Summary: Jesus has some tough things to say the Scribes and Pharisees, but these two groups started out as well meaning, sincere people about their relationship to God. What happened to them can happen to us as well.

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Most Christians are sincere and well meaning in their walk with Christ. That goes for average garden variety Christians, so called "lay" people, and professionals - pastors and the like who make their living off of the gospel. What may be surprising is that even well meaning Christians can fall into the same sort of hypocrisy as the Scribes and Pharisees of Jesus’ day.

The Pharisees. They started out a philosophical sect of Judaism around the 3rd century B.C. The name comes from the Hebrew word "to separate." Eventually they became a powerful political party in Israel in Jesus’ time. Josephus, the noted Israeli historian, was a Pharisee. The Pharisees were one of three powerful sects in Jesus’ time. The other two were the Sadducees and the Essenes (who hid the Dead Sea Scrolls)

They came about during a time when the Greeks were trying to make the Jews more like Greeks. The people who later became the Pharisees rebelled against this strongly. Their aim was to preserve national integrity and strict conformity to the Law of Moses.


The Scribes - also called lawyers - copied down the Law and were considered experts in it. They and the Pharisees were the leaders in Israel at the time of Jesus.

One of the biggest problems of the Pharisees may have been that they looked at the Word of God as a possession to wield as a weapon to keep themselves justified and in power, rather than a living document to reveal their inadequacies before God, beg for His mercy, and seek His salvation.

Believe or not, the Pharisees came from the middle class of their society-the businessmen and merchants. The vast majority were actually laymen. To get into a Pharisaical community one had to vow to completely follow the many traditions created by the Pharisees around tithing, ceremonial laws and dietary purity.

Even though a lot of people supported the Pharisees, they were not themselves members of that group.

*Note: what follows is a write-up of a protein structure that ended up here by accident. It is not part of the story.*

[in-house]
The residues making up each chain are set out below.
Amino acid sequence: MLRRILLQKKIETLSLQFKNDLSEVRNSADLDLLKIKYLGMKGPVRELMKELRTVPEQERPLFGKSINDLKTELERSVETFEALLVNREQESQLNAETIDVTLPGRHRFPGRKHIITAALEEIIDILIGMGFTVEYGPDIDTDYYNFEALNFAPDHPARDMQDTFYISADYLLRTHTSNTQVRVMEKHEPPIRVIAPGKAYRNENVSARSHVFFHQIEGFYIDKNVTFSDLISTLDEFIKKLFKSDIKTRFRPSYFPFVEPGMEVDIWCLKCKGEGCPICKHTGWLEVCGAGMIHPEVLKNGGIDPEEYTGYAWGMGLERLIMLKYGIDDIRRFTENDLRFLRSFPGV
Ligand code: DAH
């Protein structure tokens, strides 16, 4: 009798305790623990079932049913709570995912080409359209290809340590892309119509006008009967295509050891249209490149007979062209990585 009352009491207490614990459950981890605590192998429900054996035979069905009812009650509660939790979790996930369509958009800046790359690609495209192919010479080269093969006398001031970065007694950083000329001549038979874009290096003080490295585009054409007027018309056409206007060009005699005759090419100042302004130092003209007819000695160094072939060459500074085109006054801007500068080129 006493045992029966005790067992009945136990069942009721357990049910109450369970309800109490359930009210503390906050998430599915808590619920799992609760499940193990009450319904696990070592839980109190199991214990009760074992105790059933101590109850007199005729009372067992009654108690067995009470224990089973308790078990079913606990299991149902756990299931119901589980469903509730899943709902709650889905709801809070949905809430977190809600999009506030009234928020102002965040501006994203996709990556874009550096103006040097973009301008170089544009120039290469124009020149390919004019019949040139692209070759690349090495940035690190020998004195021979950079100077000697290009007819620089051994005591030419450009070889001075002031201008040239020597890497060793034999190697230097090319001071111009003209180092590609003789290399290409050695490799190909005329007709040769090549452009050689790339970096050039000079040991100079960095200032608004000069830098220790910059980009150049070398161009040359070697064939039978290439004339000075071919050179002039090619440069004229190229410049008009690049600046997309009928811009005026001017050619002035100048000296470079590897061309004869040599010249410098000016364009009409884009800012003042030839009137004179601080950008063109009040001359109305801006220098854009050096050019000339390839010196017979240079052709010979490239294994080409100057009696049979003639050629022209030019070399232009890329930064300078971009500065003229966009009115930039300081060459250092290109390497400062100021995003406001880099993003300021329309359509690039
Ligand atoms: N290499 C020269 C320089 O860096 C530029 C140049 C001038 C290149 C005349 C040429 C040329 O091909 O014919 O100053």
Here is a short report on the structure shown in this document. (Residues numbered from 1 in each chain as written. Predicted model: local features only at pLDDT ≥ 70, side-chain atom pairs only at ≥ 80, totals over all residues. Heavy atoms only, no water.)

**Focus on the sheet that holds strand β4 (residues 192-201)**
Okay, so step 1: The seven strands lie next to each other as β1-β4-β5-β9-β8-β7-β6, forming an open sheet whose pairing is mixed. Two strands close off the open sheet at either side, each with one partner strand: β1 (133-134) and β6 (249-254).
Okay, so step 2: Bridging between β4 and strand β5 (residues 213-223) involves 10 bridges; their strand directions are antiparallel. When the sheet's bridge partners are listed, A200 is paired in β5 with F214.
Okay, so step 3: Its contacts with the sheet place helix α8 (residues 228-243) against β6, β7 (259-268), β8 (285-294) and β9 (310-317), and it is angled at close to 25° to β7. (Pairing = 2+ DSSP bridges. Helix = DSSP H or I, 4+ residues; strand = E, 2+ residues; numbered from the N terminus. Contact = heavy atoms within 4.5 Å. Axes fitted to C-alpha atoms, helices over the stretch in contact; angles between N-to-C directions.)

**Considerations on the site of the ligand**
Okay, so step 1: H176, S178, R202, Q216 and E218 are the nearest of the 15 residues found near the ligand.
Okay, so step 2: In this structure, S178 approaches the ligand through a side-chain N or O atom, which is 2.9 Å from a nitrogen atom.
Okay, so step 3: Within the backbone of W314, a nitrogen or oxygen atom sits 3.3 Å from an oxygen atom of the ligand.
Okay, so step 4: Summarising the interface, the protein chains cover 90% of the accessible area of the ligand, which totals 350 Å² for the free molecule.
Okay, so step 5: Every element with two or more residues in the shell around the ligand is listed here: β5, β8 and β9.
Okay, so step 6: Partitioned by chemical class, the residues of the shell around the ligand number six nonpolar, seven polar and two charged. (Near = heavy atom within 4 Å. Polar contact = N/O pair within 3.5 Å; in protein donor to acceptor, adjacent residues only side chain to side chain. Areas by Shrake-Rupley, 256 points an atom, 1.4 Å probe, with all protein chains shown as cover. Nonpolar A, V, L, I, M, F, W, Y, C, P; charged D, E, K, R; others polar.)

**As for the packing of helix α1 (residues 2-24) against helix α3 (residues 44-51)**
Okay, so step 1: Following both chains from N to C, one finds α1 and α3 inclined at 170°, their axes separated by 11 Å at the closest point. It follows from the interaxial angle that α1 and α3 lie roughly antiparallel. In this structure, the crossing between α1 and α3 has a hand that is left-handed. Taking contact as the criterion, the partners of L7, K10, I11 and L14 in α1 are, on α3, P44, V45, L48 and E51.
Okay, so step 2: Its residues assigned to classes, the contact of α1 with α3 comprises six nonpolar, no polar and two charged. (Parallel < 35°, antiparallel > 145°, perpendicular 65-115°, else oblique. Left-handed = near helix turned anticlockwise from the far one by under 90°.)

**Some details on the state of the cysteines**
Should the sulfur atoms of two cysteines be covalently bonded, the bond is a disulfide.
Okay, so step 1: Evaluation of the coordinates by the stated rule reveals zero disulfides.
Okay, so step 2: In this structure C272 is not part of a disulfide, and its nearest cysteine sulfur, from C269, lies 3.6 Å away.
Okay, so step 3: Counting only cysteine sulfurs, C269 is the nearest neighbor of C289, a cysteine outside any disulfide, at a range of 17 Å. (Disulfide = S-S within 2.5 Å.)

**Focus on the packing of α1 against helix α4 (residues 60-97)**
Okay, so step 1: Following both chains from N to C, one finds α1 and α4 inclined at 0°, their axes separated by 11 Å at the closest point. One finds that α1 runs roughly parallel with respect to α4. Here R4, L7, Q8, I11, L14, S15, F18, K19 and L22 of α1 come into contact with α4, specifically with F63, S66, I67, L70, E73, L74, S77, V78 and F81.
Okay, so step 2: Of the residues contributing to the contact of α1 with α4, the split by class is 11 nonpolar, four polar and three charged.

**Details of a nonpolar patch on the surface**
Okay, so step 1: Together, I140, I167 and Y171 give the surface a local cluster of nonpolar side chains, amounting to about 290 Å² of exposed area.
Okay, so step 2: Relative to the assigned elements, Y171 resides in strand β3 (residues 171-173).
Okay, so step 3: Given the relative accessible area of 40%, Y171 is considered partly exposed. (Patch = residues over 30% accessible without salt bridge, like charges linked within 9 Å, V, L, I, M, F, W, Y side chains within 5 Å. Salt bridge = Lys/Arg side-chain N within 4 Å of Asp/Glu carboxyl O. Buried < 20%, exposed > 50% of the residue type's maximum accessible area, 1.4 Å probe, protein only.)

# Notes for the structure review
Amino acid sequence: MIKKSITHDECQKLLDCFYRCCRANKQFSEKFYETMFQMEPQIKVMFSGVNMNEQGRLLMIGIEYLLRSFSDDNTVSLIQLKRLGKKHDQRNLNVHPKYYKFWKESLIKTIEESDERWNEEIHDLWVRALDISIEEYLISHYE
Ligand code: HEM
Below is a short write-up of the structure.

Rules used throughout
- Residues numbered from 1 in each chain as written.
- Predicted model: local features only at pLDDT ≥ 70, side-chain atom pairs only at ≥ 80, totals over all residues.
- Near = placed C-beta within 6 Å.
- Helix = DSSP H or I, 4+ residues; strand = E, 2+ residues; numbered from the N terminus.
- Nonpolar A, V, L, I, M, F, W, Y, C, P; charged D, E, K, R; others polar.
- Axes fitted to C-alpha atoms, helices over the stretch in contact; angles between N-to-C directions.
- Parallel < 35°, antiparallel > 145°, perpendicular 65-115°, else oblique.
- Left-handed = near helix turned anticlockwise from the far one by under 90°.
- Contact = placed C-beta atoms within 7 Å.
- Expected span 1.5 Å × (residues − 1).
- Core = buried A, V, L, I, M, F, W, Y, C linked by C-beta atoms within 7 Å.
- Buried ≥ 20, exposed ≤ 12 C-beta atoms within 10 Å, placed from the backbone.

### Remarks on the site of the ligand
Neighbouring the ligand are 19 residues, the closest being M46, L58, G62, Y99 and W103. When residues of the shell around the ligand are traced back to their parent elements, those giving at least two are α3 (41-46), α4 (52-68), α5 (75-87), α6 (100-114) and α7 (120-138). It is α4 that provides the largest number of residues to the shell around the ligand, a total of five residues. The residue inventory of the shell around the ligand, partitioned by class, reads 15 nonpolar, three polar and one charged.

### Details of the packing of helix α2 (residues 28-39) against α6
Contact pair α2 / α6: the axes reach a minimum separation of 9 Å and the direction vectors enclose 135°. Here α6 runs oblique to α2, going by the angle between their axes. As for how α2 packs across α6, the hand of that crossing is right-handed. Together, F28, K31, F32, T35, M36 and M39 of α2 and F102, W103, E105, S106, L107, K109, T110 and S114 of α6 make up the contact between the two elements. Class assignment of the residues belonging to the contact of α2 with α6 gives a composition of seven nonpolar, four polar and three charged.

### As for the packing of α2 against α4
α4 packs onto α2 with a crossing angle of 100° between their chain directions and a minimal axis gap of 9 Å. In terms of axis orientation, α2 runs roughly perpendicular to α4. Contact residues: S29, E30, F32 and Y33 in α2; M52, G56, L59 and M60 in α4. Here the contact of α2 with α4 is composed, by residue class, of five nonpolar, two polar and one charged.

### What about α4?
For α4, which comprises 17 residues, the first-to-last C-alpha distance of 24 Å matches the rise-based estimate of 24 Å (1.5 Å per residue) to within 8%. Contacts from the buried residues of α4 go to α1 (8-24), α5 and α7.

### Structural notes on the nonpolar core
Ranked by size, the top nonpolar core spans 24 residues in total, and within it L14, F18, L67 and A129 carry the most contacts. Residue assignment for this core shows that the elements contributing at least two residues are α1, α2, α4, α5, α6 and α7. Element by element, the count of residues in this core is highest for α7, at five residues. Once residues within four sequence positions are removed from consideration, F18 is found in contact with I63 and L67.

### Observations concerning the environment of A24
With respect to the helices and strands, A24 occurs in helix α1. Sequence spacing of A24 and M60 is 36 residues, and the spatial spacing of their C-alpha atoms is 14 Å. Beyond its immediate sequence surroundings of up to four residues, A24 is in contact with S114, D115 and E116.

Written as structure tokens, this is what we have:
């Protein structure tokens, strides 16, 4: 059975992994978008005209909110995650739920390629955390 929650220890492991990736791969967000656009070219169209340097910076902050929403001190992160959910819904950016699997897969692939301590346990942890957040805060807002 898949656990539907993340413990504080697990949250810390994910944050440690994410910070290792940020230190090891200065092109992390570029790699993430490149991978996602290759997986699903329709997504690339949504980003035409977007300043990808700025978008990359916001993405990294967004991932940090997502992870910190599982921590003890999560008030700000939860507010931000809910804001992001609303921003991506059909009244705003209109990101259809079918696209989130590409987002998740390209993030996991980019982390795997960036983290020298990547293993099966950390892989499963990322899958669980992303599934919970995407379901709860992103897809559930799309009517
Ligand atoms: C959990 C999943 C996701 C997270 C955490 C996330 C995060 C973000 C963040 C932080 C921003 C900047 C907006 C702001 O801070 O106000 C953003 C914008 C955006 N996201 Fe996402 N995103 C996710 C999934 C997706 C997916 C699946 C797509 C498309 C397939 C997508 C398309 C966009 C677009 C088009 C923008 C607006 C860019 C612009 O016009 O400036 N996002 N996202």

That oral tradition actually started at the time of the Babylonian captivity. The people felt that they needed to draw a hedge around themselves, to keep from disobeying God again. By the time of Jesus this oral tradition (commentaries on the Law) were revered so highly that they were said to go back all the way to Moses. They were finally all compiled in 200 AD and are called the Mishna.

The Mishna seeks to regulate with great detail every part of a person’s life. It’s the extreme of "legislating morality." It misses the big point - we don’t make ourselves pure from the outside that works itself in, we become pure by getting new life on the inside that then works itself outward.

This background is important for us to understand. The Pharisees did not start out as hypocrites who said one thing and did another. They were honestly trying to serve God and not fall back into sin.

Their mistake was that they tried to create a rule for every possible situation instead of letting their lives be molded by the character of God.

The Scribes also just wanted to preserve God’s Word-a noble goal for sure.

Both of these groups were well meaning-lay leaders and highly educated professional. But something happened. They fell into legalism. And it can happen to us too. Paul later wrote that the purpose of Law was not to make us righteous but to show our need for a savior. (Galatians 3)

Sometimes we start out wanting to serve God with a pure heart. We fail. And in our human mind we think "well, where did I fail? I better work on that area until I don’t fail there any more and then God will be happy with me."

So there are four areas that Jesus combats the Pharisees and the Lawyers - the experts - so called - in the Jewish law:

Exterior righteousness with interior fleshliness (verses 39-41)

The Pharisees were extremely careful to follow all the rituals, which included elaborate ways of cleaning dishes and washing before eating. They thought it showed their devotion to God but it made them dependent on external shows rather than internal realities.

In fact, they were just as wicked and dirty spiritually as anyone else. Jesus calls them "fools" which can mean "mindless, stupid, ignorant, egotistic, or unbelieving."

They were also very stingy when it came to giving, either to God or to the poor. Jesus may be saying to them: "if you had God’s character you would show how clean you are by having a giving heart like He has."

So how do we become like this? It’s actually pretty easy. When the outside trappings of our Christian walk become our Christian walk then we are in danger of becoming a dirty cup.

We don’t do any of the outward things anymore that we did in our BC days (before Christ in our life). We dress well, we smell good, we act all pious and don’t cuss (at least not very much) and we carry around a big Bible and use Christian jargon.

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